Afterward, I return to the Exhibition Hall and that find even more con-goers have arrived. The majority of them are gathered around signing tables patiently waiting for the cast of the EVIL DEAD films and Malcolm McDowell to sign their photos, posters, and DVD covers. There is a more moaning and spontaneous outbursts of “Braaaaains!” heard. Some of the costumes are both inventive and absolutely hilarious: a zombified Bob Ross (“happy little trees!”), an undead Gumby, some shuffling STAR WARS Stormtroopers, a dead Luke Skywalker and Han Solo, to name but a few. Suddenly, word spreads like wildfire: George Romero is in the house.
George is seated at a set of tables on the other side of the Hall. To one side of him are more signing tables manned by Romero compatriots John Amplas, Terry Alexander, and Scott Reiniger. The hall is buzzing with excitement now and, despite the crowd… well, they are after all zombies… so they’re eating it up.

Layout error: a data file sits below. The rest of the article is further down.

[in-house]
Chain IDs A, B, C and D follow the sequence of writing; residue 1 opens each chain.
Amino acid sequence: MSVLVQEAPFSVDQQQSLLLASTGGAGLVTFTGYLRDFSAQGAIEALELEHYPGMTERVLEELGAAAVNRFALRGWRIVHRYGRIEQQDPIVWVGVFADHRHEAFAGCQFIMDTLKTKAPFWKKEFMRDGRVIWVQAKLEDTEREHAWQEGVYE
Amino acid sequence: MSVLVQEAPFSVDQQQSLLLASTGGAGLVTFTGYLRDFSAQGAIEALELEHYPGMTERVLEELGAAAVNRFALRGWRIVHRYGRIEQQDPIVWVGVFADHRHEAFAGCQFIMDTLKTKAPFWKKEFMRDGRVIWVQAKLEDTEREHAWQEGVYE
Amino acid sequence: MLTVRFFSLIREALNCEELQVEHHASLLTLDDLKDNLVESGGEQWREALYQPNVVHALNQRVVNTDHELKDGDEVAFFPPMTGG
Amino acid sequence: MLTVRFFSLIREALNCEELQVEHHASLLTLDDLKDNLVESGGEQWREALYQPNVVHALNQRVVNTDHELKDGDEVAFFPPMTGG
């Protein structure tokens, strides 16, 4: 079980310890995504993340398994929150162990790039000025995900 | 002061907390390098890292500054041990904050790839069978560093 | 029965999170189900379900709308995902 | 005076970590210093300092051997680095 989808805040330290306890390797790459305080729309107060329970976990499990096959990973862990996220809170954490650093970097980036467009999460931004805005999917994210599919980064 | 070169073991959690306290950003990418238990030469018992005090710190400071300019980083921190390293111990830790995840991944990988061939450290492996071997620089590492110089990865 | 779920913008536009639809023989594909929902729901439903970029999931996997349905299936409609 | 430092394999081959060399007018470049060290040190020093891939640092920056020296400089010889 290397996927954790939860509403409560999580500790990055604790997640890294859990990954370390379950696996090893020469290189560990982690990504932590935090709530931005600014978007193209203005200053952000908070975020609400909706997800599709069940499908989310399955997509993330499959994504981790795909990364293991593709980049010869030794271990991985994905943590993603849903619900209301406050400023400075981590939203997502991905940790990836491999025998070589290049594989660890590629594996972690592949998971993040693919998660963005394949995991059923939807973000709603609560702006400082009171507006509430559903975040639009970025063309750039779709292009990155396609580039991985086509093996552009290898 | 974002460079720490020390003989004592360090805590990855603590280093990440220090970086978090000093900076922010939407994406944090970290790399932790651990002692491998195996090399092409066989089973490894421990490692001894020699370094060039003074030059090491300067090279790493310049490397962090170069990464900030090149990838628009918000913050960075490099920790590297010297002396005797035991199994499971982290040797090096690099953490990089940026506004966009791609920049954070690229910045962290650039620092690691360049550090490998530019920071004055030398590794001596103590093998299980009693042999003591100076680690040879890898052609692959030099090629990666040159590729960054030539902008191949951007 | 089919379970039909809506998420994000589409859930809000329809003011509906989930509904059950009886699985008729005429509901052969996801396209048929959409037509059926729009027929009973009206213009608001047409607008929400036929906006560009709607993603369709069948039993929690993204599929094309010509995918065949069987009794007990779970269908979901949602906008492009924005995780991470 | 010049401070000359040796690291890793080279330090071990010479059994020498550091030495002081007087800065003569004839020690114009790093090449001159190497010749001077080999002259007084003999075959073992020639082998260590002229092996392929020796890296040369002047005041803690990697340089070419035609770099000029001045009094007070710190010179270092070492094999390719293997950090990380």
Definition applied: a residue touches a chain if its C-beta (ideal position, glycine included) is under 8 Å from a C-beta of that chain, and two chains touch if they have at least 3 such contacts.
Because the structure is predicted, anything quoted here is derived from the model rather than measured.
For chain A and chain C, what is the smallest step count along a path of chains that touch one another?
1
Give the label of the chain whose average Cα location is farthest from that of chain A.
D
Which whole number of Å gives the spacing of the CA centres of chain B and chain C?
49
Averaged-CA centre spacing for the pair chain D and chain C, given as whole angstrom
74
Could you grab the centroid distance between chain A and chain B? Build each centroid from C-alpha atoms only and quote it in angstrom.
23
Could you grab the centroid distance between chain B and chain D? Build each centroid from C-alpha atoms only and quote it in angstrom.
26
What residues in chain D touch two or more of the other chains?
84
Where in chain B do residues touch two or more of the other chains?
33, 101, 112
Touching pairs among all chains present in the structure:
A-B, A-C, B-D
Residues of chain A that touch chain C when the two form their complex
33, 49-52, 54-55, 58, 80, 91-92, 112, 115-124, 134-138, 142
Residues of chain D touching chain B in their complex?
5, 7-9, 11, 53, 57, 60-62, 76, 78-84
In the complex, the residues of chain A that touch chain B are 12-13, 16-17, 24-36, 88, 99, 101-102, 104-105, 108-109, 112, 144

3:00PM I go to a stage setup in the main Exhibition Hall for my Ultimate Zombie Fighting panel. Since my book deals with a world where modern day gladiators fight in an organized sport against the undead, the con organizers have paired me and UFC competitor Nate Quarry together to talk zombie pugilism. The panel is moderated by Geekscape’s Jonathan London (who adds a much needed degree of levity to the proceedings) and offers for consideration another dimension to the living dead paradigm. The ensuing discussion is lively and well received.
The day progresses and I take an hour or so to walk around the Dealer’s Room where a multitude of zombie related books, movies, tee shirts, games and trinkets are available for purchase. While the crowds are still somewhat sparse (it is, after all, still midday on a Friday afternoon), the shuffling dead in attendance are not only hungry for flesh… they’re in the mood to shop. More interviews take place on the stage at the far end of the hall and panels continue non-stop in the nearby NWR. The mood in the hall continues to be light and the spirit of fun is pervasive. I go back to my booth and literally bump into Chuck Palahniuk who is here both as a guest and because he is writing an article for ROLLING STONE. His subject – what else? – the zombie sub-culture. We take a quick picture together and it’s not until later that I see what’s he’s up to behind my back. “The first rule of Zombie Club is you do not talk about Zombie Club”